Ripe with intelligence, suspense and psychological insight, The Caller is the cleverest and most involving crime book I’ve read this year.

14 thoughts on “‘The Caller’ by Karin Fossum

  1. Wow, I definitely must read one of Fossum’s book. Can I start with this one or do you recommend starting with the first one of the series?


  2. You could definitely start with this one. I am reading them out of order. The inspector features so little in these books that I do not think it really matters which one you read first. Purists, of course, may argue otherwise.


  3. I really loved this one too Kim – it was my personal selection for the International Dagger Award for translated crime fiction but it didn’t even make the shortlist. I still think it was better than the book that one 🙂


  4. I’ve enjoyed this author’s books for many years too, Kim, since they were first translated….and I liked this one very much, too.
    re the TOOO syndrome (translated out of order), I had to read the series in a funny order, as translated, but now that the first in the series has just come out in English, In The Darkness, new readers to this author can have the luxury of chronology. The inspector features more in the first two or three than the later ones (or at least, his personal life).


  5. I must try her ,I got sent he new one but had just read a few crime novels at time ,like the fact you say it is cleverer than most of the books from that region ,all the best stu


  6. This sounds excellent & I, too, am a big Karin Fossum fan. Like Maxine above, I have read her books out of order due to availability of translated editions. I don’t think it has affected my enjoyment of them one bit!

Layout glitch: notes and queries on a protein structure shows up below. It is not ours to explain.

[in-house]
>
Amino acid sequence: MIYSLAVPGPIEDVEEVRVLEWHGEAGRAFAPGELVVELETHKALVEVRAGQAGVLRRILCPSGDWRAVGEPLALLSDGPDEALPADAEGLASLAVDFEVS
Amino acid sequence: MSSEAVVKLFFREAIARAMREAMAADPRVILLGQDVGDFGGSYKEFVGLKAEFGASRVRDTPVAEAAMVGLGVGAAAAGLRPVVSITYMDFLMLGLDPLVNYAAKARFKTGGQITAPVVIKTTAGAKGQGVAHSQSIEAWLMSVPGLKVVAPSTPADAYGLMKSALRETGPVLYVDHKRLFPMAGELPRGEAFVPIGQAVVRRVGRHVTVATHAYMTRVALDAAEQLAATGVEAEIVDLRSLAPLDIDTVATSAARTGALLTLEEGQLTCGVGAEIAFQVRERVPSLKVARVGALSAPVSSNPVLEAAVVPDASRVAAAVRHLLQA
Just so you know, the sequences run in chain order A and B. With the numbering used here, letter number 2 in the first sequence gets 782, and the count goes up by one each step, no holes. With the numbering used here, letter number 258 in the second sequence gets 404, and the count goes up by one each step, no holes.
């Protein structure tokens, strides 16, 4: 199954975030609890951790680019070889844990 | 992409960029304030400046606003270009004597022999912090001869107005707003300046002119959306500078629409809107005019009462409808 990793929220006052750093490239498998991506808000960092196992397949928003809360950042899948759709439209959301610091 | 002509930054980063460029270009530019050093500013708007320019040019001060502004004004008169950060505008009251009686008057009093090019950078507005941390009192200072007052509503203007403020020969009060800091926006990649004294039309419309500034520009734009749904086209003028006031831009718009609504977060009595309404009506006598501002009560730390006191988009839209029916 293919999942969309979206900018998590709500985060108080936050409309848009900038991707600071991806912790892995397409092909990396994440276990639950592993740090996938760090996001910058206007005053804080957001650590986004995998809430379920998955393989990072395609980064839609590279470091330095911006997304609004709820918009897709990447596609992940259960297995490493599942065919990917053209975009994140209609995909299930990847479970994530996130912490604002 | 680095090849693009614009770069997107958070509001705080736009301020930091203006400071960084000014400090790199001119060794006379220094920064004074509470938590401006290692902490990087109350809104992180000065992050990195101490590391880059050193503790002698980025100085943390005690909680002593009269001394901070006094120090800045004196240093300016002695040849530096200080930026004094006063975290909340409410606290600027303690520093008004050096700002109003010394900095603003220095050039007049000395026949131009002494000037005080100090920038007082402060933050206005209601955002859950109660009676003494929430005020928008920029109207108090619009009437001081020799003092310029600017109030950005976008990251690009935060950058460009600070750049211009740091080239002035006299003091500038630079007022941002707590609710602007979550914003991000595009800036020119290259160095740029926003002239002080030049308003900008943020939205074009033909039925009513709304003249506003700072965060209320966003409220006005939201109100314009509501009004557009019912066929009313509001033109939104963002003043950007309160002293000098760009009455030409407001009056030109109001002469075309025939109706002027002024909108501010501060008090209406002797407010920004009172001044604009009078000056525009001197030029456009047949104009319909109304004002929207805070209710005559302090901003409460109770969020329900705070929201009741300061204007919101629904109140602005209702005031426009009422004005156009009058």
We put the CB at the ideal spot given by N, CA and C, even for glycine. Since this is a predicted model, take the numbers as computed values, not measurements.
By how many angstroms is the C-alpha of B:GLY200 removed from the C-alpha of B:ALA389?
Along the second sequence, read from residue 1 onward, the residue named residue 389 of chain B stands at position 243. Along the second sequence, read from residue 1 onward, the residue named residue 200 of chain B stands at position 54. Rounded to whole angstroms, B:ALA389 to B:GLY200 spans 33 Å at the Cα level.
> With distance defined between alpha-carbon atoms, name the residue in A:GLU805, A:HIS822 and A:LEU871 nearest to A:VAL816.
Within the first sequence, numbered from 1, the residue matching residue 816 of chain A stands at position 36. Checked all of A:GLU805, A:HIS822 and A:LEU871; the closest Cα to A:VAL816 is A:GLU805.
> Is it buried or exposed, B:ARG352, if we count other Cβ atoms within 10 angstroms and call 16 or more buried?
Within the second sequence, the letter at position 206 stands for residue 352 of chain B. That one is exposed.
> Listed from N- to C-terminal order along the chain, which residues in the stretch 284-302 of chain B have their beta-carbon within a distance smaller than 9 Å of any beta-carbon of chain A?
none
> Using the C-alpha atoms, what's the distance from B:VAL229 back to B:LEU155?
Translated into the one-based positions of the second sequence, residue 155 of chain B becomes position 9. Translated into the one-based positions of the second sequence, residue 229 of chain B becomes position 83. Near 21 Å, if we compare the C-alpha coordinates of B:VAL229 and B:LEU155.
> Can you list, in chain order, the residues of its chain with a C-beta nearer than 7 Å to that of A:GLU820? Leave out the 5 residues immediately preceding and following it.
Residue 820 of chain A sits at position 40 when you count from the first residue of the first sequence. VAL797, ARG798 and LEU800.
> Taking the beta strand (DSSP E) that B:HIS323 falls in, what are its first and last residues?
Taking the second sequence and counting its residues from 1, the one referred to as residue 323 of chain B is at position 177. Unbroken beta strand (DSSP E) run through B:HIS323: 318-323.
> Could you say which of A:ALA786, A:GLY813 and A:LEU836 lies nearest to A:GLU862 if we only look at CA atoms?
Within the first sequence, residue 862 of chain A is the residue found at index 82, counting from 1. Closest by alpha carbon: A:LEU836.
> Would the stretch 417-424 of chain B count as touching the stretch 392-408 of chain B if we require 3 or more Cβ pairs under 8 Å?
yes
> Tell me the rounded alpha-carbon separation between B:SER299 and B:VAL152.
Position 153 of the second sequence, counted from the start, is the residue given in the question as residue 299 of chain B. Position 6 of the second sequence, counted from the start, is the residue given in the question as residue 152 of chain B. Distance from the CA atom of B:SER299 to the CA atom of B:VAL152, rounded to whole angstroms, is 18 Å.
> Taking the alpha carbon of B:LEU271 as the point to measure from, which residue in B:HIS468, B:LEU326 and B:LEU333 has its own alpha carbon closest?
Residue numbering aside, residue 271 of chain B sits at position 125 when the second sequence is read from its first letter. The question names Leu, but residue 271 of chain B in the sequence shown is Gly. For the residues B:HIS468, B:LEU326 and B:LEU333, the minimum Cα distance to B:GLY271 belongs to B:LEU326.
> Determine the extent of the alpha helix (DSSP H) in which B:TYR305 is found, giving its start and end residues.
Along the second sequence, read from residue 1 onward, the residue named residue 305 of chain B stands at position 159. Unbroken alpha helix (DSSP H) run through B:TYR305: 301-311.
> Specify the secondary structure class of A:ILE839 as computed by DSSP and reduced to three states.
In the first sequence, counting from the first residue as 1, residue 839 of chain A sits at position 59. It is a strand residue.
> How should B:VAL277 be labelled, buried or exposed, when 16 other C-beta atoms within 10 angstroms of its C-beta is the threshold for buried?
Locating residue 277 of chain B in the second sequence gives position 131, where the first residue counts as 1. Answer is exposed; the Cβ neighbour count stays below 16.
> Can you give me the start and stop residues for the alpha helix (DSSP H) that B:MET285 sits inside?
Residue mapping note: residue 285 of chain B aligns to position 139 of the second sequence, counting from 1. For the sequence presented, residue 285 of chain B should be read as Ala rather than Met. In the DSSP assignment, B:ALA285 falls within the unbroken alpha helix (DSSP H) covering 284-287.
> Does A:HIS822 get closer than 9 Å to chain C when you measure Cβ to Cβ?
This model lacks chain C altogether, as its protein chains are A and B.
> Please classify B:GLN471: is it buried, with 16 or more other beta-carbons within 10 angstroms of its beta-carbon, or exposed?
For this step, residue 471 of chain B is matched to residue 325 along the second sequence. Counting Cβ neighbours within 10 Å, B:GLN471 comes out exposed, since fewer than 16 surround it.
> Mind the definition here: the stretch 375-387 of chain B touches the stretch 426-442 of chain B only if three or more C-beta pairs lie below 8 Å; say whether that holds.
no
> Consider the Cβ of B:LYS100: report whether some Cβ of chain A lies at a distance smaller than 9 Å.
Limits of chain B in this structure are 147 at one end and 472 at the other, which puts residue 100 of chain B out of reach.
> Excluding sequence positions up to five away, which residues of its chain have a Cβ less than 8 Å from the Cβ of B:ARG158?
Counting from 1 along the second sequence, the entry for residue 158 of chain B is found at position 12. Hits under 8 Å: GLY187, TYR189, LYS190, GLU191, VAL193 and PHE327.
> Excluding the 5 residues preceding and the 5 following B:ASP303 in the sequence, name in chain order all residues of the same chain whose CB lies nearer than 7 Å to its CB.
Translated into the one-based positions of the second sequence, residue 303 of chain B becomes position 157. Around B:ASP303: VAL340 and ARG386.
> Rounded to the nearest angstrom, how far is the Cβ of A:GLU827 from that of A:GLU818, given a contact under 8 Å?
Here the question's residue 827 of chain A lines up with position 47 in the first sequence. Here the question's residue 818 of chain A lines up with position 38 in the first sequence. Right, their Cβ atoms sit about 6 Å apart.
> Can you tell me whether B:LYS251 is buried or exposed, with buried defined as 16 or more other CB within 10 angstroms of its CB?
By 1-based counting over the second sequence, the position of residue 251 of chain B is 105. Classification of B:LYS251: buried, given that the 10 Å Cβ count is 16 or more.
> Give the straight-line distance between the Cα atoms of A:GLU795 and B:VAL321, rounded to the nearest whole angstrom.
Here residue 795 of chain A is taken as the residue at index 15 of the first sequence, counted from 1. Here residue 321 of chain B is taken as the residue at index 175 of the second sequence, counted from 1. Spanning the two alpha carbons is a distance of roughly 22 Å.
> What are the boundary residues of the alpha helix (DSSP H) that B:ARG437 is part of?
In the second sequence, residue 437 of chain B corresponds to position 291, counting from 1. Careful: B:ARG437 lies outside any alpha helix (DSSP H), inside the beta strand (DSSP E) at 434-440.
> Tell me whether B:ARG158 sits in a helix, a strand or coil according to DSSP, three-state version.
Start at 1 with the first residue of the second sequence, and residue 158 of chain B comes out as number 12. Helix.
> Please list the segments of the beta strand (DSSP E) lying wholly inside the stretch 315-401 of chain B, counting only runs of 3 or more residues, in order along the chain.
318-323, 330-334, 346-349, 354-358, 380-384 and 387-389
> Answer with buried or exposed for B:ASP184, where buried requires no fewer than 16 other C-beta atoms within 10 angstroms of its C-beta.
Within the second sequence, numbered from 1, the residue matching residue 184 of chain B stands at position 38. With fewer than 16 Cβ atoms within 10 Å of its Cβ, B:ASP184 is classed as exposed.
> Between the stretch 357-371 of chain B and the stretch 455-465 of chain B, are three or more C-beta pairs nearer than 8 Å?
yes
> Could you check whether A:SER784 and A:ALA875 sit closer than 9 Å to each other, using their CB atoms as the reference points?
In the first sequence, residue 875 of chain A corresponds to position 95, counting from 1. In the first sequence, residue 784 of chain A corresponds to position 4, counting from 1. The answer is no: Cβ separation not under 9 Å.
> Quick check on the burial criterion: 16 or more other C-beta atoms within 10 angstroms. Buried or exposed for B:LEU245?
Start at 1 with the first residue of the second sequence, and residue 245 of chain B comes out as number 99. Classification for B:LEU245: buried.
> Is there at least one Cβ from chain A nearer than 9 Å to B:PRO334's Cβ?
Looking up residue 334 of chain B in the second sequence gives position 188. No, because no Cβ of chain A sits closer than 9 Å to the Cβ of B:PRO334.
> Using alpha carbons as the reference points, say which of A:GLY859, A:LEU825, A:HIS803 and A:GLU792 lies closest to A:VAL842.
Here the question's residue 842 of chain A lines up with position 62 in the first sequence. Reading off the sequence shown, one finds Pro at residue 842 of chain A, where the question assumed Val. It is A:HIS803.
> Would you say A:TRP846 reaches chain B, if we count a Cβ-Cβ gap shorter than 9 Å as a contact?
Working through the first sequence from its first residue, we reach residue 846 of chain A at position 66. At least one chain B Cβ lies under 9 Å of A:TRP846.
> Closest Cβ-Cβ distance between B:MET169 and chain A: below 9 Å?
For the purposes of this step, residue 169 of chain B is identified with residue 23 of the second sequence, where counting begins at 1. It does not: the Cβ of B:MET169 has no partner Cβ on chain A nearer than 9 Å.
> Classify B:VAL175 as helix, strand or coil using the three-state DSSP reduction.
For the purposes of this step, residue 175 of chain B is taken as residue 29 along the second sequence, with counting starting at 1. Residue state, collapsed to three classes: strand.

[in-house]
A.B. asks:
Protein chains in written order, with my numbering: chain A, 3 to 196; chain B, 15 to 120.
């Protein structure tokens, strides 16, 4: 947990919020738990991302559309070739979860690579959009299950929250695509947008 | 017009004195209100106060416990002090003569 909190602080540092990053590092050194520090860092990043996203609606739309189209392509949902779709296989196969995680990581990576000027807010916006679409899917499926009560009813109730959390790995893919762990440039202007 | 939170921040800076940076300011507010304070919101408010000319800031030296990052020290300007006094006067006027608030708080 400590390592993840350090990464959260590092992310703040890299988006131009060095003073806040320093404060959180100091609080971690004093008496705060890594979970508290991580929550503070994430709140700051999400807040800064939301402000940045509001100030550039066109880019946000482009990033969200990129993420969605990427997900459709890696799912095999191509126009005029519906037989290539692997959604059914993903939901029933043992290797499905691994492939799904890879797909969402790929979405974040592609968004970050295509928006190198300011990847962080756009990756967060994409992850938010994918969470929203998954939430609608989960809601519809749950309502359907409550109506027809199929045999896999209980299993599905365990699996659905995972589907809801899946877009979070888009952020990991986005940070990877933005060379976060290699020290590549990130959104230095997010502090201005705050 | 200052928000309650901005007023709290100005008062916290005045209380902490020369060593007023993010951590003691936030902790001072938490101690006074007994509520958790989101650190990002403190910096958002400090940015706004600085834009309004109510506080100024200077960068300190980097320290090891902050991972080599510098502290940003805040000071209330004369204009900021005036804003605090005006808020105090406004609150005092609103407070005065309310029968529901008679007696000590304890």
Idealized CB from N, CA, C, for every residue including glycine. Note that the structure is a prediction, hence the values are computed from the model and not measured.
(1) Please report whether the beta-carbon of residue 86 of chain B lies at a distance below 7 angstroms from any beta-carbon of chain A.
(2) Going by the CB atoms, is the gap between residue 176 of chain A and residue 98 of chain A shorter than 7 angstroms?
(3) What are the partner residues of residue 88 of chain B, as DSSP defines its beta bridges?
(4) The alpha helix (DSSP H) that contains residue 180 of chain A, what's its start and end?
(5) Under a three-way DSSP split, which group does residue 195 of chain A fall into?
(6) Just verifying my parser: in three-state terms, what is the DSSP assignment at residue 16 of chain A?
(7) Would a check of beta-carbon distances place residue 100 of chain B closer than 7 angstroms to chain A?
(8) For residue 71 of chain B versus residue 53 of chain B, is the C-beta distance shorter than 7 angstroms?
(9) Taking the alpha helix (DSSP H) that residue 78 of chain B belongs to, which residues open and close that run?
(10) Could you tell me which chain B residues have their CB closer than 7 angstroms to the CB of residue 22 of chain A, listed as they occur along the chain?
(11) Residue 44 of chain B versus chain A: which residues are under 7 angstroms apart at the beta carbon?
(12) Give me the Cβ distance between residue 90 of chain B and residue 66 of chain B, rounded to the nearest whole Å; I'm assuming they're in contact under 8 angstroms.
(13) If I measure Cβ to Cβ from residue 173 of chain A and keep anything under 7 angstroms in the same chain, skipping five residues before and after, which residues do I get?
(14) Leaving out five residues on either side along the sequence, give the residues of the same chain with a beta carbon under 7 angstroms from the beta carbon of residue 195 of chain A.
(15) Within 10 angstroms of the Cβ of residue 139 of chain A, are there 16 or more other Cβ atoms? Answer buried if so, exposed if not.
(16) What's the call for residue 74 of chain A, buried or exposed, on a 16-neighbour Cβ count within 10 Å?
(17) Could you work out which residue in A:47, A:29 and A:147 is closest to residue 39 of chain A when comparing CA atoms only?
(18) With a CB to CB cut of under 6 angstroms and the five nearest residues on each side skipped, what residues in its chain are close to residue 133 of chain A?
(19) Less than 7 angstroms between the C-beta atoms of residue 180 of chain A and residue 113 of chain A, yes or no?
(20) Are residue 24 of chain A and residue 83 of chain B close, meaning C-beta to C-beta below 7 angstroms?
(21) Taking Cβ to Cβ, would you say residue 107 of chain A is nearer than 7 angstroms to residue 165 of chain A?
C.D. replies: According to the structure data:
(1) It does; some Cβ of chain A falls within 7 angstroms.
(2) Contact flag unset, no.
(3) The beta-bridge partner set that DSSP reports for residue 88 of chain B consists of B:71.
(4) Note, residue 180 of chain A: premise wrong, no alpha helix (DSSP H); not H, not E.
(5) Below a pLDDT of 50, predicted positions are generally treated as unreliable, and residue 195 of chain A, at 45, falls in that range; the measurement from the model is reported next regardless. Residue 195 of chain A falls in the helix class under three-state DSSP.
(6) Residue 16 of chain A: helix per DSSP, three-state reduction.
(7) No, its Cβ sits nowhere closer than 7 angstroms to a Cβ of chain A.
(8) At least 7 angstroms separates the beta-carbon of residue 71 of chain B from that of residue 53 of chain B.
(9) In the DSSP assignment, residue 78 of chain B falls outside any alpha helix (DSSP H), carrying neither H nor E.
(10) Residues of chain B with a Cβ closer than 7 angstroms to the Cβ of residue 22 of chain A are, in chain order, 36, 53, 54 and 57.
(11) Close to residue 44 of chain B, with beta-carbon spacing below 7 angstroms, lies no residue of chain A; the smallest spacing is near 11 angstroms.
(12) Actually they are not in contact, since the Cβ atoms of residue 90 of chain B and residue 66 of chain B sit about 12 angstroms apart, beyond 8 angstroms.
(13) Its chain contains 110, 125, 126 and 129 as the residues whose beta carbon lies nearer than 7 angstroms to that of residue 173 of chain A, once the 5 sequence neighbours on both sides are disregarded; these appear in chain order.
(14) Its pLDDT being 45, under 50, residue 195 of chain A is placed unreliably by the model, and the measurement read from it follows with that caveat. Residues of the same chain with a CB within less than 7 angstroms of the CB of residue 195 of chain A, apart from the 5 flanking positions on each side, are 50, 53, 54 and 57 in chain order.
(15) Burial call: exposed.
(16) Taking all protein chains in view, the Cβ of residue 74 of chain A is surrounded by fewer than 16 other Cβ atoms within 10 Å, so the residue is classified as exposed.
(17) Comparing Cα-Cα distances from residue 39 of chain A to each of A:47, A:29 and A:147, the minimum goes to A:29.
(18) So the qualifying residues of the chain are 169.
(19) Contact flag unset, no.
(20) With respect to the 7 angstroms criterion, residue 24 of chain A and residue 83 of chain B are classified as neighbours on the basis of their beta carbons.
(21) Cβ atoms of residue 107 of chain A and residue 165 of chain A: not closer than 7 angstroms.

7. Not to be pedantic, Stu, I dont actually say it is cleverer than most books from that region (I am yet to read a dud book from the Nordic countries), but it is the cleverest crime book I have read this year. I like the approach Fossum takes — I think it appeals to my left-leaning tendencies. 🙂


  8. I had an exchange with Bernadette, on Twitter, who informed me In The Darkness is the first in the series… I have a copy and will look forward to reading it soon.
    I do remember that first book I read — which was the first to be translated — did feature Sejer much more, but the last two (and the most recent to be translated) he hardly showed his face! I wonder why she’s chosen to give him more of a back seat these days…


  9. Finally with my new laptop and a bit of free time I can come and catch up on your reading! Hoorah. I am loving the new look of the site, its so clean and light and the font is lovely too.
    Anyway, this book… I have to say you have sold it to me. The only problem for me is the fact that it is so far down the line in the series and I am a stickler for reading in order, some call it pedantic, ha. You’ve said in other comments it stands alone so maybe I should just bite the bullet? I also think that the idea of this evil prankster would be interesting compared to a normal killer whodunnit too.


  10. Hi Simon, nice to hear from you! And glad you like the new-look site!
    I don’t think it is necessary to read these books in any particular order — plus, I’ve not really been able to do so anyway, because, as Maxine points out above, they have not be translated in order! This one can certainly be read as a standalone. It’s a good taster for her style anyway, and if you like it enough you can go back and read them in order now that the first book, In The Darkness, has been translated.